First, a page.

Filling Nail Holes in Paint-Grade Work

      Pros share a dozen favorite ways to hide the fasteners. June 16, 2005

Question
We are being pulled into paint grade built-in work by some of our existing clients who we have done furniture grade work for. All of this work is done off site, finished off site and then brought to the home for installation. When there is trim involved, there are nail holes to deal with. Since these are already painted (usually white), we are looking for good filling tricks for the nail holes that we can then touch up paint over. In our furniture grade work, we never had to deal with this, since we had a wide variety of fillers and stain we could use.

Forum Repsonses
(Cabinet and Millwork Installation Forum)
I'm pretty sure Minwax makes a finishing putty in white, and a cream... You can use these just like the wood ones, mixing colors if needed.



White wax sticks. Home Depot. Rub in, then buff. Easy, fast and invisible.


If you're willing to touch up the paint, Bondo is a great filler for paint grade. Dries fast, (faster if you make a hot batch), sandable, paintable, etc. Try it.


Have you tried installing this paint grade trim with a 23 ga.gun? A little hot glue on the back and a small pinhole to fill. That's where I'd start.


Not sure I'd trust the 23ga + hot melt for long term holding of crown and heavy trim moldings.


Absolutely not for large mouldings. I was judging by your post that you were trimming built-ins mostly. For any larger mouldings, Bondo is what the pros use.


Generally, that is the job of the painter or finisher. Bondo, wood putty and spackle come to mind for fixing defects.


From the original questioner:
I'm the painter and finisher. These are turnkey installs. I'll have to try some Bondo. The wood putty simply takes too long to dry and shrinks too much.


I use seam fil. White is easy to match and I've had good luck mixing from different tubes to come very close on colors. Cleanup is with lacquer thinner, so be sure it won't cut the finish you are using.


It sounds like the best filler available is Bondo for paint grade jobs. Bondo offers an endless list of different fillers for different types of jobs. Which Bondo product are you using? The "Bondo Ultimate Filler" looks like it would do the job, but I'm not sure which product to use when filling nail holes in wood.


No bondo, no spackle, no linseed oil putty, and seamfil will probably be too hot for surrounding finish. If you get your wax stick warmed up enough, that is the way to go for speed and quality. But, follow that up with a topcoat of the material used to paint the finish coat. If you can find a spray can that matches color and is of same material, you have it made. If not, have finisher use a detail touch-up gun to blend defects. I doubt any wax stick will match the topcoat. Also, any blemish left uncoated will catch dirt and discolor so filled holes will eventually stand out to testify to your workmanship.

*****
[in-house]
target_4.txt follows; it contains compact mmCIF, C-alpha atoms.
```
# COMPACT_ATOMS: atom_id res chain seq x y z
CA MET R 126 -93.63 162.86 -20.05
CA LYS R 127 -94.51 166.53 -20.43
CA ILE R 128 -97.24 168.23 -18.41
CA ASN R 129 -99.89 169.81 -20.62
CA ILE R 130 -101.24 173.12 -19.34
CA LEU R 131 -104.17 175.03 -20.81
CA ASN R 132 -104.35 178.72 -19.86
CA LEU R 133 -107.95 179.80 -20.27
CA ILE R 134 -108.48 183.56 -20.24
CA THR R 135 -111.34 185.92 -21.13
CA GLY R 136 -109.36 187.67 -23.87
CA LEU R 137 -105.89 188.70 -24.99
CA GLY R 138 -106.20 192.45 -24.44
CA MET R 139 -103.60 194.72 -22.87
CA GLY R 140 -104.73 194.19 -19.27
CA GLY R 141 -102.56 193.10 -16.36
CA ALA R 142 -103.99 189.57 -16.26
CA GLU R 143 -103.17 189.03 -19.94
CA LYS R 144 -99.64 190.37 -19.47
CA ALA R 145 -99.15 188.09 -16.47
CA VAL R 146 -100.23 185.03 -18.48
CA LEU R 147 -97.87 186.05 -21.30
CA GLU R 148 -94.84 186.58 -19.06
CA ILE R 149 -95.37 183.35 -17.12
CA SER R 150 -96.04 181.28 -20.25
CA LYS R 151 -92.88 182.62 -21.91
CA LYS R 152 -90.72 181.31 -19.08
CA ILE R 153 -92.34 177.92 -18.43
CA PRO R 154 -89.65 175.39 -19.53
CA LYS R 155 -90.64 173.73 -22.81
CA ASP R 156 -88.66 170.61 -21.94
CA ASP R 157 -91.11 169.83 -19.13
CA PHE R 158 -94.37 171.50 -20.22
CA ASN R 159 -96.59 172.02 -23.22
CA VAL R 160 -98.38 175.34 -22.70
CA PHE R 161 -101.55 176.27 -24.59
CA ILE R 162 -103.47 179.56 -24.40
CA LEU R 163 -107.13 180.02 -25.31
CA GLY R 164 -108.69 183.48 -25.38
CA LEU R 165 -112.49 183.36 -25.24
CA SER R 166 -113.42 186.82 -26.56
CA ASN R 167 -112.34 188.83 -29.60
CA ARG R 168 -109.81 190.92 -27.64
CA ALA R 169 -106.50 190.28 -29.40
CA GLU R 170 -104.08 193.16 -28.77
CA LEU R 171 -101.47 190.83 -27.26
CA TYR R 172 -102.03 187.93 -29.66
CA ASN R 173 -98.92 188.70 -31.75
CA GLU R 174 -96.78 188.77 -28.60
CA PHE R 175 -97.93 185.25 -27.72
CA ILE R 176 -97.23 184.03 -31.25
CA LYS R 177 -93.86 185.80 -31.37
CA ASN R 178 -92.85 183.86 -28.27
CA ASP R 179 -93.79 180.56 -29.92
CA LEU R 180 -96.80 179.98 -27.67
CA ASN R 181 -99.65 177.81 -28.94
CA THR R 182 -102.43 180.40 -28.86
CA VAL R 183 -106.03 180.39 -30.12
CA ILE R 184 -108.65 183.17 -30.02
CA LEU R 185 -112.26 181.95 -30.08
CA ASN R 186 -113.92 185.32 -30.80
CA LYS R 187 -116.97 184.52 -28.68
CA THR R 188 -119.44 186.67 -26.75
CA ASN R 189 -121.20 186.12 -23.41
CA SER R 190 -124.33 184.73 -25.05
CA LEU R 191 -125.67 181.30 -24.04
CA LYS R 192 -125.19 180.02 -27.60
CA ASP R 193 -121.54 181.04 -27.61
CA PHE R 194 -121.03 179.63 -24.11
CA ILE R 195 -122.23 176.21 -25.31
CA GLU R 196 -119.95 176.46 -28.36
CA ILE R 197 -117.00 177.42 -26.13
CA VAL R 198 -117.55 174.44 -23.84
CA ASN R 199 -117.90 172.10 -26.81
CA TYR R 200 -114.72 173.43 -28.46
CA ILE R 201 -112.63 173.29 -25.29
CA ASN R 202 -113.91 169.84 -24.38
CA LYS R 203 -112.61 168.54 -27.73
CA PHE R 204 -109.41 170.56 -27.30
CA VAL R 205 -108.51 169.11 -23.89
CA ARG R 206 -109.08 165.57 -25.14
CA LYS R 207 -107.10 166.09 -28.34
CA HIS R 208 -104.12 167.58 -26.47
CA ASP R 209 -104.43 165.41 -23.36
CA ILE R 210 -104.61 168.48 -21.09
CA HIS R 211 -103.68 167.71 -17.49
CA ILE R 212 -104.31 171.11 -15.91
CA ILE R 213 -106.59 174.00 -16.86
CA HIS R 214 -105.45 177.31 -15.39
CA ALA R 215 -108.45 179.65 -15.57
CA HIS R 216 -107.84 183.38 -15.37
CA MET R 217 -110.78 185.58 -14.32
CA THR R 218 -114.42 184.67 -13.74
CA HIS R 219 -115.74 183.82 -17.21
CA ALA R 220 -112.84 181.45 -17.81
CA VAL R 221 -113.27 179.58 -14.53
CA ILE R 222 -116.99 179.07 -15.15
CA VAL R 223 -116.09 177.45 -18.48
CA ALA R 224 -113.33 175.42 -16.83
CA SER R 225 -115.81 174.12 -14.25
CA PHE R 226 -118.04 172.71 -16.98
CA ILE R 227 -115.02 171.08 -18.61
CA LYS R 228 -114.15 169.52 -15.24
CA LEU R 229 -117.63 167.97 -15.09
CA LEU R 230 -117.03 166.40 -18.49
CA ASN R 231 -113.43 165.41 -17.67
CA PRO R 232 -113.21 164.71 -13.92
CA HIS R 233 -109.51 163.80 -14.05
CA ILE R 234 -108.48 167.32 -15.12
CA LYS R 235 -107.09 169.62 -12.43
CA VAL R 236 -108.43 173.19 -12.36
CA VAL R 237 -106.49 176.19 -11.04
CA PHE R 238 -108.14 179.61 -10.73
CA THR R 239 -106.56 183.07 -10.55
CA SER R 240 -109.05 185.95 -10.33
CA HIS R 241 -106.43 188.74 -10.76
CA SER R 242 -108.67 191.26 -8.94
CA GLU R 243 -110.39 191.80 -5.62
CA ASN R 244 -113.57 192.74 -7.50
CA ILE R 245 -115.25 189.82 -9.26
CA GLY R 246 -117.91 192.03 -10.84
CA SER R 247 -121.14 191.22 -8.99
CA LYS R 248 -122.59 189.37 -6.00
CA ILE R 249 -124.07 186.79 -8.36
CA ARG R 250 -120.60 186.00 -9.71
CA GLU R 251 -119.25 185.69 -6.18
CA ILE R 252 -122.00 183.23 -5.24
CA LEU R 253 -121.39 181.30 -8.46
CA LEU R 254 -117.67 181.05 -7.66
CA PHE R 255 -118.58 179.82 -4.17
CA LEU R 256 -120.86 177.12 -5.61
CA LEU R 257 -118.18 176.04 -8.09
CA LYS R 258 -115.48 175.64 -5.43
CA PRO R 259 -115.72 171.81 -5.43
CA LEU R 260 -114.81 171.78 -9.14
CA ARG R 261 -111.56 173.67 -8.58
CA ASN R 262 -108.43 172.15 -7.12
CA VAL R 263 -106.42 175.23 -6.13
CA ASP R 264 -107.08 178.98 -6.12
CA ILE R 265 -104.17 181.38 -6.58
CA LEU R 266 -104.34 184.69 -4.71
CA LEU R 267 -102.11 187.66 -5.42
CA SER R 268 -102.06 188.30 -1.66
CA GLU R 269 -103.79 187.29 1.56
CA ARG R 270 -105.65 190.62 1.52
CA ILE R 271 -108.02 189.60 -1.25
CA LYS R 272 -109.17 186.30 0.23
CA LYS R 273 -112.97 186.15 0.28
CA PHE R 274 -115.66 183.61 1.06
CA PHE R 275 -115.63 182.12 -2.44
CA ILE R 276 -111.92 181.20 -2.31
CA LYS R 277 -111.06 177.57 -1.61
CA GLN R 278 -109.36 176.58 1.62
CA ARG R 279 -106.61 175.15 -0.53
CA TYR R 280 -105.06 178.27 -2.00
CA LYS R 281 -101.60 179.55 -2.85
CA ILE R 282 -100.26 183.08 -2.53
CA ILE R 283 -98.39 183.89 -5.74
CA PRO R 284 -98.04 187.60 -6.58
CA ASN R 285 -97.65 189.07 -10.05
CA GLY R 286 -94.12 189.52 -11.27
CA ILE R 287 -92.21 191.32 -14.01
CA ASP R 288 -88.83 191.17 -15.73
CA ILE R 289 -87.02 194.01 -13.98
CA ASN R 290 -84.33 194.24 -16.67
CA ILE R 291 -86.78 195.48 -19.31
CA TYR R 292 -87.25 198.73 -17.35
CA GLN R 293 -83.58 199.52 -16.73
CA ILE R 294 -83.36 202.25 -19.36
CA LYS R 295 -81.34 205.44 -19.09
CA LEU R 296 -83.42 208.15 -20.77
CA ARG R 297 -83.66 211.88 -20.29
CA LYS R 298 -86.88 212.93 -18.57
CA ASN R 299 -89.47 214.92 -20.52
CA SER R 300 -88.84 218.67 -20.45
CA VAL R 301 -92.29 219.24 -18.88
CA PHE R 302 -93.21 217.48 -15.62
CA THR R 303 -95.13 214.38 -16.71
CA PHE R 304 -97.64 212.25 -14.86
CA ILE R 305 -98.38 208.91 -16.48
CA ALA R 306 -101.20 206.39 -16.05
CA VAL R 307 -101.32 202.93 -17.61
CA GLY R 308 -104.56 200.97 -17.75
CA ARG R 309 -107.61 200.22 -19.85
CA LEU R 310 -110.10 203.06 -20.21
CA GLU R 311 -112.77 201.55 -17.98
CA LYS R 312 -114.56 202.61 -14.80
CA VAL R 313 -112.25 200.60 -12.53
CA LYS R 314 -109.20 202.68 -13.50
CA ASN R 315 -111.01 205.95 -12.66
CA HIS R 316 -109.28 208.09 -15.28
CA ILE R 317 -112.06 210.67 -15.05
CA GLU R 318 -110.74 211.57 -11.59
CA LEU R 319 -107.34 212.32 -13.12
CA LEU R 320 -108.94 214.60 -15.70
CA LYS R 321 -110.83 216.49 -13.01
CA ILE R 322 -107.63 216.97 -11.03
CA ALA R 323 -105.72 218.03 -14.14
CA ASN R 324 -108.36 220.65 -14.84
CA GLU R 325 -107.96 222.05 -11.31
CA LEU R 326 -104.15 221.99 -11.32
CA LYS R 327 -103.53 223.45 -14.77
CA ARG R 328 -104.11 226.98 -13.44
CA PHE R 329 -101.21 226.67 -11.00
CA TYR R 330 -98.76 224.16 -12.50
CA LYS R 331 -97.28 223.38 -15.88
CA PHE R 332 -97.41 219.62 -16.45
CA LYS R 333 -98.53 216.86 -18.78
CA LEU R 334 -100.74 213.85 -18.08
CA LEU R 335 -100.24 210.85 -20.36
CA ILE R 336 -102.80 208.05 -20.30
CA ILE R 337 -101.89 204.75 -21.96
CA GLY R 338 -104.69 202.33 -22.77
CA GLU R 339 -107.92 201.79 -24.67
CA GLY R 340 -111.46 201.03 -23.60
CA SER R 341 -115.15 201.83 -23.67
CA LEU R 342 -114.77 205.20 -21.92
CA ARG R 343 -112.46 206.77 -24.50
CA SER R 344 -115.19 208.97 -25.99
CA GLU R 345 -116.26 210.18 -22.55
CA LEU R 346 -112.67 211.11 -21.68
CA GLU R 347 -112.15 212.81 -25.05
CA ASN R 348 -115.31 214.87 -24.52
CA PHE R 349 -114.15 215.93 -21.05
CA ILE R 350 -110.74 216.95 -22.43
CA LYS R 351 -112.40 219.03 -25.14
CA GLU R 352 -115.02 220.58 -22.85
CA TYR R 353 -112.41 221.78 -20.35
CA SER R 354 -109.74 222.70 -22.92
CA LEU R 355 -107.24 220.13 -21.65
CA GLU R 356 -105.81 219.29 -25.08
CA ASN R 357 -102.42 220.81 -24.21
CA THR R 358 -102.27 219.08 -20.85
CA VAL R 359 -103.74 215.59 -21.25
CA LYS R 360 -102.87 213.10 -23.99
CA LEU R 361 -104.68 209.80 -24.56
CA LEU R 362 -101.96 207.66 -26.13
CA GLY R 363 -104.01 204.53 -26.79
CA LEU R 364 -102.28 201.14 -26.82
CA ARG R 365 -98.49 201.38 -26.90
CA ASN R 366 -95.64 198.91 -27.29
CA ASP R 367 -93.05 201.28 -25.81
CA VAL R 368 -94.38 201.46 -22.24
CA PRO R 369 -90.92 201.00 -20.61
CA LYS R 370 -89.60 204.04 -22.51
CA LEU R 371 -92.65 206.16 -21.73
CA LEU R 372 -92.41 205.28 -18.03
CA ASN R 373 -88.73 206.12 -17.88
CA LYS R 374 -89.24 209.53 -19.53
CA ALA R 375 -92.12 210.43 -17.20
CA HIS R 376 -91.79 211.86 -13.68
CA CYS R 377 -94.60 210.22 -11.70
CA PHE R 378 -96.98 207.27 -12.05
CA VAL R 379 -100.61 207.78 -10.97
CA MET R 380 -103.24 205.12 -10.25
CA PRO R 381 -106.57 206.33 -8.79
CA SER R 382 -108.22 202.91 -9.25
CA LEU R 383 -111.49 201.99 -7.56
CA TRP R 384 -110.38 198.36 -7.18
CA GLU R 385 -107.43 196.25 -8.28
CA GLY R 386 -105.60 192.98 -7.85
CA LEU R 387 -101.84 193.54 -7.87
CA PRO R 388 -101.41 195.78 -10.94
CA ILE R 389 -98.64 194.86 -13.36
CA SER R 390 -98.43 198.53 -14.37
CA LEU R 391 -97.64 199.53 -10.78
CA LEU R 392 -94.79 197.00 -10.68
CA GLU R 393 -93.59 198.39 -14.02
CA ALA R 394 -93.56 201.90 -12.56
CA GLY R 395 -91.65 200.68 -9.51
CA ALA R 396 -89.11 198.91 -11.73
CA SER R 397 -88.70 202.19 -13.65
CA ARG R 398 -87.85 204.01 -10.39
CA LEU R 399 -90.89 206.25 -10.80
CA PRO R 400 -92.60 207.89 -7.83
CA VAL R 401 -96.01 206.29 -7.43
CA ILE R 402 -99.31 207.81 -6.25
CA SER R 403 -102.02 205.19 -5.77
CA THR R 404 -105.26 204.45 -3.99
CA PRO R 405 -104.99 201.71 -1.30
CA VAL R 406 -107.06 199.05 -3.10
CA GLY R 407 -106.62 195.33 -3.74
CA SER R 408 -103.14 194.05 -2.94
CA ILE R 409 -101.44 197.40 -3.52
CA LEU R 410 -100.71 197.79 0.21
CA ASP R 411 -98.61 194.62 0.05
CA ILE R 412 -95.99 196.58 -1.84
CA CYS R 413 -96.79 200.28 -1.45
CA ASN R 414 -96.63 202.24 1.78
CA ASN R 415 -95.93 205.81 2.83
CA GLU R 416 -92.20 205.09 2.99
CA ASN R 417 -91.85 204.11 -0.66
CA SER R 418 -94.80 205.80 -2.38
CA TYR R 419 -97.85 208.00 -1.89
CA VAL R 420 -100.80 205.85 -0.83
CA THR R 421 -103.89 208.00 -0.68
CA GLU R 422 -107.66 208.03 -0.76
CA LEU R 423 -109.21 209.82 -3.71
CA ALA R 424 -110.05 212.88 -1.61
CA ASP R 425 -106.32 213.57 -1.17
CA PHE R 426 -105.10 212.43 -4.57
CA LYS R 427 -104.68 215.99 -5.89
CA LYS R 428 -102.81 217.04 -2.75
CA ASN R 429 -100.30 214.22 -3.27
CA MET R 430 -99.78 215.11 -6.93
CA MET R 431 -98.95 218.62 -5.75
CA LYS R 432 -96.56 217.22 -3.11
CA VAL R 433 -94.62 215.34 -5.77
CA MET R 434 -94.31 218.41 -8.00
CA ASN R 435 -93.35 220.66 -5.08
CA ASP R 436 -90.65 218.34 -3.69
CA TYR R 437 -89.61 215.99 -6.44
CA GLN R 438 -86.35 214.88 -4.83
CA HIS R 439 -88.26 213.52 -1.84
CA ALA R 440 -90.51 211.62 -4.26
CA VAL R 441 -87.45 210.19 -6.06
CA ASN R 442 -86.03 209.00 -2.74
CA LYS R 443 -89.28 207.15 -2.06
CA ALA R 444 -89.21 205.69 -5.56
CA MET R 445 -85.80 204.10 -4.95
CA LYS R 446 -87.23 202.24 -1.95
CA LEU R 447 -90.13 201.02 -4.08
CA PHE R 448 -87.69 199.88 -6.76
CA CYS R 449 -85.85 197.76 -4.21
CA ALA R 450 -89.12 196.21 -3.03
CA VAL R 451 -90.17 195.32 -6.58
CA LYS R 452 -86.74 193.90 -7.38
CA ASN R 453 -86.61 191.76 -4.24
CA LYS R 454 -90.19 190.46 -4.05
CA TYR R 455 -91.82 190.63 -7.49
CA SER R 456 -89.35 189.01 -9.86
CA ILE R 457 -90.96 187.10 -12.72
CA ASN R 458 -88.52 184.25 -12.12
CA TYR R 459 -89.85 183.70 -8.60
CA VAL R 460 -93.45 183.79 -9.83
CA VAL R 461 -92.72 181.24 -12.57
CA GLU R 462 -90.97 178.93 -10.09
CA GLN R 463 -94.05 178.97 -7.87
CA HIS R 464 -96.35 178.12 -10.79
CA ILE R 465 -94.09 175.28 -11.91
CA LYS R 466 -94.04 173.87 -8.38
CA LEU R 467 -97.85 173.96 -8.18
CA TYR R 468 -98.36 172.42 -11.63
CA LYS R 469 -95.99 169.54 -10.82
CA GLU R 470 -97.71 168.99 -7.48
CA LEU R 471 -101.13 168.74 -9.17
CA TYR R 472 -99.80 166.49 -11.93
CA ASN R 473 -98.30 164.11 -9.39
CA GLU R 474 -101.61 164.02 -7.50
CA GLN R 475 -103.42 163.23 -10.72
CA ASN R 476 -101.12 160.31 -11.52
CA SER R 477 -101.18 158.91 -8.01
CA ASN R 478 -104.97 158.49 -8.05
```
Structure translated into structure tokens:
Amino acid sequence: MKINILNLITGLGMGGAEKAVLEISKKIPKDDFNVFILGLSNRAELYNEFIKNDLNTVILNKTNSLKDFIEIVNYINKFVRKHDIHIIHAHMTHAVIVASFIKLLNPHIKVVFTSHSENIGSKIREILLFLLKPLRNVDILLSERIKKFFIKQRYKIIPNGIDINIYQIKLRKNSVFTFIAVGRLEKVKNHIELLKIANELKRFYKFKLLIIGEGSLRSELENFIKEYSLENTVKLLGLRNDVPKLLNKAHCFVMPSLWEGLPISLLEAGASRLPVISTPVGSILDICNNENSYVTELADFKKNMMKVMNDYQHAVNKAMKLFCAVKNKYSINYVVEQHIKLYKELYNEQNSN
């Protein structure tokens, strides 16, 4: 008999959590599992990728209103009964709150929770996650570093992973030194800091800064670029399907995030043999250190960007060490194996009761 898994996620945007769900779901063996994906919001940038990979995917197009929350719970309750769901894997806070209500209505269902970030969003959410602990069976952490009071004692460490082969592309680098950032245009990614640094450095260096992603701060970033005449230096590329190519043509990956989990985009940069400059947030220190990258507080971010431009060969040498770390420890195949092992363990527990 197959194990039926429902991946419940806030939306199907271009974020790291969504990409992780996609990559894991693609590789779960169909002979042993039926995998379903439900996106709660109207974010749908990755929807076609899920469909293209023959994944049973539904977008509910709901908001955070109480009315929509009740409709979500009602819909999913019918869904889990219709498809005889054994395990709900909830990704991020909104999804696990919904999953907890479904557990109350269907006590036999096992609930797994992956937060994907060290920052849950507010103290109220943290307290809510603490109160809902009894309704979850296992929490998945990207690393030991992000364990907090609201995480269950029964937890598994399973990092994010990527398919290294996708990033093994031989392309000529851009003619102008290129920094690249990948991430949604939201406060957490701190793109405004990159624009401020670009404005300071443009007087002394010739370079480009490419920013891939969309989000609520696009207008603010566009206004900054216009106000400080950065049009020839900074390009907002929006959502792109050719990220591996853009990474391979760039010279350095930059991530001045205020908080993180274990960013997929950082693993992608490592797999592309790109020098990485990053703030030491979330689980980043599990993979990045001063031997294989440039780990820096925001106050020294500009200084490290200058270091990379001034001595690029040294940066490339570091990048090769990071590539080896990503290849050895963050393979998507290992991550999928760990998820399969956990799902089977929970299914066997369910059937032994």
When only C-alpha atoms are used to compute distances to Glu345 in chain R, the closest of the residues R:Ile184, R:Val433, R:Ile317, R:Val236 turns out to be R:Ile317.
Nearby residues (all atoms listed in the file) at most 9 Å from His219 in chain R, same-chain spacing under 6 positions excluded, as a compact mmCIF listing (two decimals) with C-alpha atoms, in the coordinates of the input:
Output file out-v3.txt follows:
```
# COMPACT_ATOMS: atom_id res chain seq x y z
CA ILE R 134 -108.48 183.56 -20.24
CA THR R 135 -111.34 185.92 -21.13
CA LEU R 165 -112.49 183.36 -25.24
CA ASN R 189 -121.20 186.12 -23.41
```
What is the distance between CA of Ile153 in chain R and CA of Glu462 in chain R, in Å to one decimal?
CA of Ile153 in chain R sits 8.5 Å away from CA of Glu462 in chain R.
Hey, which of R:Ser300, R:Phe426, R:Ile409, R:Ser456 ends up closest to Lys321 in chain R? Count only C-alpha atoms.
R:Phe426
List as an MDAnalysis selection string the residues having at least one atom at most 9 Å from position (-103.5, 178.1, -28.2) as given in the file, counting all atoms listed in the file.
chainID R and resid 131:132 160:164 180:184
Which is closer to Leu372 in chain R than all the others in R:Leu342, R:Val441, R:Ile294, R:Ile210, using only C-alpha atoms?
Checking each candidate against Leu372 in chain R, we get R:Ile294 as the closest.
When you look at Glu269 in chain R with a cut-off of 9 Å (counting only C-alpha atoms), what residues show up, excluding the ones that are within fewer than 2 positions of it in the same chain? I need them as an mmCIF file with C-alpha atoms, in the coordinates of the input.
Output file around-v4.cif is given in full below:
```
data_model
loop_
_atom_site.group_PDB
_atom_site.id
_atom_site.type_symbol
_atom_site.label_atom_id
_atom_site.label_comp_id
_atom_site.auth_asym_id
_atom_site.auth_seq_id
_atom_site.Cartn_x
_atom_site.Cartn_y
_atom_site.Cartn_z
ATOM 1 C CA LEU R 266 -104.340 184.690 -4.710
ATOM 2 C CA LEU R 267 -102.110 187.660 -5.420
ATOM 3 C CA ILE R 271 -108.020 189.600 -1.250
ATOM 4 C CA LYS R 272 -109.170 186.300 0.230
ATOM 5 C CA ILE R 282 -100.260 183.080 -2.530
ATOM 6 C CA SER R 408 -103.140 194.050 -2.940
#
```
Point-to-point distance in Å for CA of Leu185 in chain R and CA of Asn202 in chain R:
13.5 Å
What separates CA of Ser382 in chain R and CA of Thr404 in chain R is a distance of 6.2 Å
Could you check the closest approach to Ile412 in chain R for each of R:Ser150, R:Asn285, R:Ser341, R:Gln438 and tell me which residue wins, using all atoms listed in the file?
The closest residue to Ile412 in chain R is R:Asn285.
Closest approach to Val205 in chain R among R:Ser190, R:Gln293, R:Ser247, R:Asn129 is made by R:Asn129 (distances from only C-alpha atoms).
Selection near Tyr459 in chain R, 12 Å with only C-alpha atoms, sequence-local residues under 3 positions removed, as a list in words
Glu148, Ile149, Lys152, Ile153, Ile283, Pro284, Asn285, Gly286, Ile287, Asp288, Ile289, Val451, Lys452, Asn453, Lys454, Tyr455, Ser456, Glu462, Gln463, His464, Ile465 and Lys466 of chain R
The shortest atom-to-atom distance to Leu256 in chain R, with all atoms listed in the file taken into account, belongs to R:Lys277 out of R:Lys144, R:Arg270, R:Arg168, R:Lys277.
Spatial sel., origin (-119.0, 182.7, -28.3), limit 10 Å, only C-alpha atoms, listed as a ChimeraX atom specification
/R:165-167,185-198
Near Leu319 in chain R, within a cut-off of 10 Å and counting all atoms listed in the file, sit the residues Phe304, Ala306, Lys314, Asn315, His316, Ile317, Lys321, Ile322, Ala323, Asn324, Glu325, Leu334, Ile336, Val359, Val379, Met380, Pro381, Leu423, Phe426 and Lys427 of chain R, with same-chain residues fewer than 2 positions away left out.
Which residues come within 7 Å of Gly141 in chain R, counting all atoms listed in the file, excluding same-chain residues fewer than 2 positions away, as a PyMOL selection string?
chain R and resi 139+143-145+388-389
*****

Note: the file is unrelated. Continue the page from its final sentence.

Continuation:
While you are chasing down auto-body fillers, consider Evercoat's glaze coat, which has a patented formula to make it stick. It adheres and sands much better than the thicker Bondo... dries in about the same amount of time. Use Bondo for big gaping holes and the glaze for the small stuff. I've only found it at the auto body supply stores. You'll be happy with it. A great product!

The only drawback to the Bondos and other fillers is that they are not white and need to be primed. Bondo usually comes with red catalyst, which takes more priming to cover than the wood.

So anyone out there found a truly white filler? I've heard of a white auto body glaze called Nitro or something like that. It amazes me that none of the paint/finish suppliers have a white wood filler.

Famowood white, for example, is about the color of maple. They should be charged with fraud for calling their product white.

I don't like using waxes or putties or drywall compounds as fillers on cabinets, but I do it because of lack of a truly white filler. Spackle is dead white... but not furniture grade, subject to shrinkage and falling out.



Thought I'd throw my vote in for seam fil. We use CV and seam fil doesn't hurt it. Regular NC lacquer will get eaten up unless you can think of another way to level the seam fil without lacquer thinner. I remember that Form Fill makes a water based filler - that's the way to go for lacquer.


As soon as trim goes up, we slightly overfill with Elmer's wood putty. While we are finishing everything else, mounting hardware, adjusting doors, cleaning up, etc. the putty dries. The very last thing we do is take a damp sponge and rub off excess to level. I find this better than sanding, since it doesn't mar surrounding finish. Then spot touch up with an artist brush with same topcoat and you're done. Perfect match. We also precut and mount all trim possible to unit before finishing in shop, so only crown to ceiling and shoe are nailed on site. If possible, we use biscuits to mount scribes, so there are as few nail holes as possible.